The Government of India is trying its best to move towards green mobility. From adding electric buses to adding electric vehicles to the government fleet, India has come a long way. G20 Sherpa Amitabh Kant said that India should achieve the target of 100 percent electrification of two-wheelers and three-wheelers in the next four years as these segments will lead the country’s green mobility revolution. Speaking at the annual session of the Automotive Component Manufacturers Association of India (ACMA), Kant said the country’s focus should be on a shared, connected and electric transport movement.
“My view is that the green mobility revolution is really knocking at our door, whether we like it or not, and India’s focus should be on a shared, connected and an electric transport movement,” he said. He further added, “I am sure that India’s electrification journey is about two-wheelers and three-wheelers.”
He said it should be two wheelers and three wheelers as 80 per cent of the total sales of vehicles are actually about two wheelers and three wheelers in India. Kant further said, “We need to target in the next four years, in my mind, India needs to target 100 per cent electrification of these two segments, go 100 per cent.”
According to the Society of Societies, in 2021-22, domestic two-wheeler sales stood at 1,34,66,412 units, while three-wheeler sales stood at 2,60,995 units and total sales of vehicles across categories stood at 1,75,13,596 units. Was. Indian Automobile Manufacturer (SIAM). According to the Federation of Automotive Dealers Associations (FADA), electric two-wheeler retail sales stood at 2,31,338 units in the last fiscal, a five-fold increase from 41,046 units in 2020-21.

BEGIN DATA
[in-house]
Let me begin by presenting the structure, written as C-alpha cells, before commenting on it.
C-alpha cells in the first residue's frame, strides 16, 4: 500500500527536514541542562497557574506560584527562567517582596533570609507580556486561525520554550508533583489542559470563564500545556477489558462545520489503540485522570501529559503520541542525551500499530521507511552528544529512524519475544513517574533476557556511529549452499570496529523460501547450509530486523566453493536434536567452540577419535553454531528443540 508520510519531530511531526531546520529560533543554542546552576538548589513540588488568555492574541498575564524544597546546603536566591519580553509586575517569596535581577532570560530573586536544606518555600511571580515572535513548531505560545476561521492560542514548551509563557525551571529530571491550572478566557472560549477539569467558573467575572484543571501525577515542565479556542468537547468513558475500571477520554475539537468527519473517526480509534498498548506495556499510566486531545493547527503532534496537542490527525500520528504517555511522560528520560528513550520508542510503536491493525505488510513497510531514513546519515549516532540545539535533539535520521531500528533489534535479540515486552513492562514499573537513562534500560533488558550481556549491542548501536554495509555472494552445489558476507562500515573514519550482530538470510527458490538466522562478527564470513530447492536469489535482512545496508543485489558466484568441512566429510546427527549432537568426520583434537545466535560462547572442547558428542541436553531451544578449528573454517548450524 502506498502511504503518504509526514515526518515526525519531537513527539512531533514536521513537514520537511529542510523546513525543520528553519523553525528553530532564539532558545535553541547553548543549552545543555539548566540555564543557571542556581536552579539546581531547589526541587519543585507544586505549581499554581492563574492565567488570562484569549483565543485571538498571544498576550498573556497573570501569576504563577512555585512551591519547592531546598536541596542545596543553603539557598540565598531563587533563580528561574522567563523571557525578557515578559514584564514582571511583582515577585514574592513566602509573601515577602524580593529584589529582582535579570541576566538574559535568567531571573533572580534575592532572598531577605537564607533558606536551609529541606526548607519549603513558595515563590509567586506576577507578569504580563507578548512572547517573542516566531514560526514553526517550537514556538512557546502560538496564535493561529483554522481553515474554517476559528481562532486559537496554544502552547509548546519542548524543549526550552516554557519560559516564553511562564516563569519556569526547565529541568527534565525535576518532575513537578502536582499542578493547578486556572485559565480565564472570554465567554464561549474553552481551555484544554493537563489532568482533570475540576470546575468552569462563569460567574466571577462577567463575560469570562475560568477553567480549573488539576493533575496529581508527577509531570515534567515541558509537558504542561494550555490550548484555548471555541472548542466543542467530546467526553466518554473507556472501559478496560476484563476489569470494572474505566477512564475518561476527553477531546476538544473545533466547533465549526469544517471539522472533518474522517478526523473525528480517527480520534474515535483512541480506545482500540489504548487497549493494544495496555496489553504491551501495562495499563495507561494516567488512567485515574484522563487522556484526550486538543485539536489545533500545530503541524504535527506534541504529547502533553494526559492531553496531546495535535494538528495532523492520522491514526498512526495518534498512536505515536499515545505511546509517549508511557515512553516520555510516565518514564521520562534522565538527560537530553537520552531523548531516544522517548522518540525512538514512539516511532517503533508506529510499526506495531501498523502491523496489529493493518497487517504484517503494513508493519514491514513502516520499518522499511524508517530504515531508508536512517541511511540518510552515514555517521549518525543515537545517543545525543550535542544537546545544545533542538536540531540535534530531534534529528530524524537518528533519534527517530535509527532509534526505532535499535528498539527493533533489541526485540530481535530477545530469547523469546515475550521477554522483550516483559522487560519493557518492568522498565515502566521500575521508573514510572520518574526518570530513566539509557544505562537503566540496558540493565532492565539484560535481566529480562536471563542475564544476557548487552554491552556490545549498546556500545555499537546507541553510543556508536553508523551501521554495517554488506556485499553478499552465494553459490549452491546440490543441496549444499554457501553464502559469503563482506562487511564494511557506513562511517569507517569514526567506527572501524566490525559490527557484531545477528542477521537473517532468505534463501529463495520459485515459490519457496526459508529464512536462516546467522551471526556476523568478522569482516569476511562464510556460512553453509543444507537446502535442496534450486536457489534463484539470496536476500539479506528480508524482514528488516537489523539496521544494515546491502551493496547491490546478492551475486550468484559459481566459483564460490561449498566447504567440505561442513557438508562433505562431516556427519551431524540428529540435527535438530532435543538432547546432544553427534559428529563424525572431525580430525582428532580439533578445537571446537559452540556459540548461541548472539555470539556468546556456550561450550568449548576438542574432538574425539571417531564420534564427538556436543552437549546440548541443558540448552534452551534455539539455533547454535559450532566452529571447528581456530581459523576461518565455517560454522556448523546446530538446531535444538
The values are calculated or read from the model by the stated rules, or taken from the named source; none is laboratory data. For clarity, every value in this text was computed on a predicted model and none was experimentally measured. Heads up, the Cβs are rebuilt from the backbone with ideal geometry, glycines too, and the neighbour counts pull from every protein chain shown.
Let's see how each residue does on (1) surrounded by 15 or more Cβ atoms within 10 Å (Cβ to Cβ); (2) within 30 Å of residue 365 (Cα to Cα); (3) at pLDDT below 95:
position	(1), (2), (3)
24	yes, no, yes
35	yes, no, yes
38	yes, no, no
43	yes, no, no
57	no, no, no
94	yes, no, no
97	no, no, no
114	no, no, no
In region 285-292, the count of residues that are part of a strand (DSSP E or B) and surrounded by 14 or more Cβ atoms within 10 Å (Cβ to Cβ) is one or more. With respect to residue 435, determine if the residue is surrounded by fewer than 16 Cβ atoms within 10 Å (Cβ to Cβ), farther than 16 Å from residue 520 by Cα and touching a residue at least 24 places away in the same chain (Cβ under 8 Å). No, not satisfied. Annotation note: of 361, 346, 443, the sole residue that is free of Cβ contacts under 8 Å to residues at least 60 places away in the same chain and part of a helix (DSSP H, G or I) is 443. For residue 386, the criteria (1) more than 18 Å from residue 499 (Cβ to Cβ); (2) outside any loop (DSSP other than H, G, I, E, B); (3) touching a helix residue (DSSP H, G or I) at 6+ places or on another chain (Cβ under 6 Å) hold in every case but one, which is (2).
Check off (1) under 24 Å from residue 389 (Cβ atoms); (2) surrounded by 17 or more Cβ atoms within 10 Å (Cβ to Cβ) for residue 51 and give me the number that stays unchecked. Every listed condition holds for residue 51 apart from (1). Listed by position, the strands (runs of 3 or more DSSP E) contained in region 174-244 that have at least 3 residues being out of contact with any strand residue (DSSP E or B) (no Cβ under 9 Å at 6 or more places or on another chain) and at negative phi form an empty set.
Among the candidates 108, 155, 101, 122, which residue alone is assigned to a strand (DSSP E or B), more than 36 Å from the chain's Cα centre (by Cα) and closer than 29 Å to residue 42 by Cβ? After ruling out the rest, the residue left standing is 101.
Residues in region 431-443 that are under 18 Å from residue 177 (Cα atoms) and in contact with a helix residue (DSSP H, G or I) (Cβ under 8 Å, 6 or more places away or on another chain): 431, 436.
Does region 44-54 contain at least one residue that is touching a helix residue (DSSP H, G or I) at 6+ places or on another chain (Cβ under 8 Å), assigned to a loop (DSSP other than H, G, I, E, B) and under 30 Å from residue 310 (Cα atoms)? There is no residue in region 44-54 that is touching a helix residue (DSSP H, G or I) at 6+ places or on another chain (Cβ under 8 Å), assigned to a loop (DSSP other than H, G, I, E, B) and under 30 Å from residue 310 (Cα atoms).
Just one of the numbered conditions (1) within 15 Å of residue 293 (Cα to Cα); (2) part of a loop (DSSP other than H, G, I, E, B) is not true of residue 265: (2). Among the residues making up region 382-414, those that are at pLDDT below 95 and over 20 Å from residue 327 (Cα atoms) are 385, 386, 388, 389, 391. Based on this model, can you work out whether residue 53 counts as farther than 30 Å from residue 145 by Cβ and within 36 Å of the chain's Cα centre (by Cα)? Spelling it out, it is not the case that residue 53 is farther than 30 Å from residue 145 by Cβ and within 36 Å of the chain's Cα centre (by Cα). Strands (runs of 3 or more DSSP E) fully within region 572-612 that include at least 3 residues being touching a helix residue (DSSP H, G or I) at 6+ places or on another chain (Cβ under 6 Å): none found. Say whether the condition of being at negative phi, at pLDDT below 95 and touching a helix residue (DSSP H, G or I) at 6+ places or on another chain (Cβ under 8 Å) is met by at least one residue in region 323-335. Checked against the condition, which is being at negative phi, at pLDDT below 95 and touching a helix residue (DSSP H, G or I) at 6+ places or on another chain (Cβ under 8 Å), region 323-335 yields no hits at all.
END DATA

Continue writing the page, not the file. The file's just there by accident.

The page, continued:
The dealers body had said that the total electric vehicle (EV) retail reached 4,29,217 units in 2021-22, which is three times more than 1,34,821 units in the financial year 2020-21. Kant said the transition to electric mobility is growing rapidly as the cost of batteries, which account for about 40 to 45 per cent of the cost of an electric vehicle, is falling rapidly. “It has seen a decline of more than 100 percent in the last five to six years. It’s going to come down to $100 per kWh,” he said.
When that happens, he said, the initial cost of acquiring an EV without any FAME subsidy will become cheaper than a comparable internal combustion engine vehicle.
As such, he said the total cost of ownership of an EV is still low. Kant said Indian companies, including in the components sector, should aim to become global champions in new technology. However, he acknowledged that the EV sector still faces challenges when it comes to financing these vehicles.
“First of all, I think there is a very high interest rate and we need to bring down the low interest rates for electric vehicles. There are very high collateral and insurance charges, which need to be brought down,” Kant said.
(with inputs from PTI)